Hawks to Watch: Patrick Woods, Manager of Regulatory Affairs and Strategy


Why Patrick’s a Hawk to Watch:

Patrick Woods knows a thing or two about energy. A thoughtful strategist through and through, he brings a contagious sense of enthusiasm, and an ambitious vision, to his work as a manager of Regulatory Affairs and Strategy for the independent electric transmission company, International Transmission Corporation (ITC) – Great Plains, and in his service to Kansas’ communities. But what’s the force that energizes a successful career like Patrick’s? And what’s the electric spark that ignites newfound, and often unexpected, opportunity?

For Patrick, many of life’s highest honors and most impressive professional achievements are fueled by a mindset that he developed and refined through his liberal arts education at KU, one of openness to new experiences and an unrelenting hunger for knowledge.

In his professional life, Patrick has worn many hats — Education Policy Advisor, school board member, Director of Advancement, Director of Talent Management and Diversity. But in every capacity he serves in, one role that has remained constant is that of a lifelong learner. Whether he is focused on renewable energy resources, or resources to improve his community, Patrick is driven by an unwavering motivation to create and share opportunities for learning. Because, as he has demonstrated throughout his career, the initial spark of an idea or opportunity has the power to energize and lead to major change for the better.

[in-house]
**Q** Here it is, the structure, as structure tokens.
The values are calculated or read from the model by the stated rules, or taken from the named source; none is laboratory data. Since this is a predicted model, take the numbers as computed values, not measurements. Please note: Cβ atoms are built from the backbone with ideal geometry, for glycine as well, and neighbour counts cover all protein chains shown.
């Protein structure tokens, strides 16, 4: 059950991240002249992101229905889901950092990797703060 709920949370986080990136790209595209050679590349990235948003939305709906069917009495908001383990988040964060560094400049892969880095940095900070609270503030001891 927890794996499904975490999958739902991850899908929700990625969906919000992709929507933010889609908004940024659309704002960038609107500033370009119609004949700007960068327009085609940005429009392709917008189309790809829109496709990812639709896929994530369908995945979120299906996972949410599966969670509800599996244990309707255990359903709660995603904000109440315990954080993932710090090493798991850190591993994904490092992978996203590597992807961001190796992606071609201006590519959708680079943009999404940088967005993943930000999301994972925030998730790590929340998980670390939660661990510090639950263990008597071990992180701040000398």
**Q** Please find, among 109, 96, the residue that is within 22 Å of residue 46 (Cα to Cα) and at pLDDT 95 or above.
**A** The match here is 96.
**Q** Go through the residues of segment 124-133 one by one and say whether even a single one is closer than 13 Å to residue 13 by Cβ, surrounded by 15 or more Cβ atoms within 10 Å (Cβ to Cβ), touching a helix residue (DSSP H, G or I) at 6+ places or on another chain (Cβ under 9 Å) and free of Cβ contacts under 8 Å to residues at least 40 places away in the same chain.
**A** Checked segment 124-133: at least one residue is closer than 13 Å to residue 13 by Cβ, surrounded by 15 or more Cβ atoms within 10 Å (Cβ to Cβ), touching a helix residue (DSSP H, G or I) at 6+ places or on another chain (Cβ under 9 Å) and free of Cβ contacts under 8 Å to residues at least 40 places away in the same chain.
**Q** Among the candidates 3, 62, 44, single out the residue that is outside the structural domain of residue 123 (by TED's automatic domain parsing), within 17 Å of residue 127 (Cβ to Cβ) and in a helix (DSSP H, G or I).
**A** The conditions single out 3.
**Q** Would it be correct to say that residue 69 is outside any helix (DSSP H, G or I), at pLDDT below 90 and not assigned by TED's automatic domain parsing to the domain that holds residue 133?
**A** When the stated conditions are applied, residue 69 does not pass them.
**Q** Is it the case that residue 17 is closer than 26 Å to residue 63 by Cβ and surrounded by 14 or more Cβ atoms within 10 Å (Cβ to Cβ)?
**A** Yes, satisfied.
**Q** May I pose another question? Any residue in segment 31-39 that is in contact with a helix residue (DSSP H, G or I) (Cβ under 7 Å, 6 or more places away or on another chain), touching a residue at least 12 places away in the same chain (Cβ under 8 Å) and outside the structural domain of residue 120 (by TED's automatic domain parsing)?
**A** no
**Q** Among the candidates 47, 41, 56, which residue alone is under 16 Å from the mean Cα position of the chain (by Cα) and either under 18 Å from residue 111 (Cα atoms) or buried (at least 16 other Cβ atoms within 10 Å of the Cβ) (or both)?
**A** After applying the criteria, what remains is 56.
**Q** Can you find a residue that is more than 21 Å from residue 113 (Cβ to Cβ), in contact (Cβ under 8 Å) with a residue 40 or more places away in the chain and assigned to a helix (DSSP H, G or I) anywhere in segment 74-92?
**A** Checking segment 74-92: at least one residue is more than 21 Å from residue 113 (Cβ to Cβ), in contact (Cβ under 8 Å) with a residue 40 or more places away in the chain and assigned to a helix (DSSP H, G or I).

Meet Patrick and learn about his service to education, leadership and dedication to diversity and inclusion in the workplace, one particularly harrowing episode swimming with tiger sharks in the Philippines (don’t worry — he made it out of the water just fine!), and life-changing discoveries made while pursuing his M.P.A. in Public Administration at KU.

Tell us in a sentence or two what you do for a living:

I manage Regulatory Affairs and Strategy for International Transmission Corporation (ITC) – Great Plains, an independent electric transmission company.

How did you end up doing what you do? Was there a certain moment when things came together? Or was it a longer journey? 

I began working in the electric utility industry through a circuitous, unplanned manner. I began employment out of undergraduate as a program advocate (a community organizer) at a community center in Oakland, CA, before returning to Kansas in 2003. I went on to serve as an aid to Governor Kathleen Sebelius, as the Education Policy Advisor and Legislative Liaison.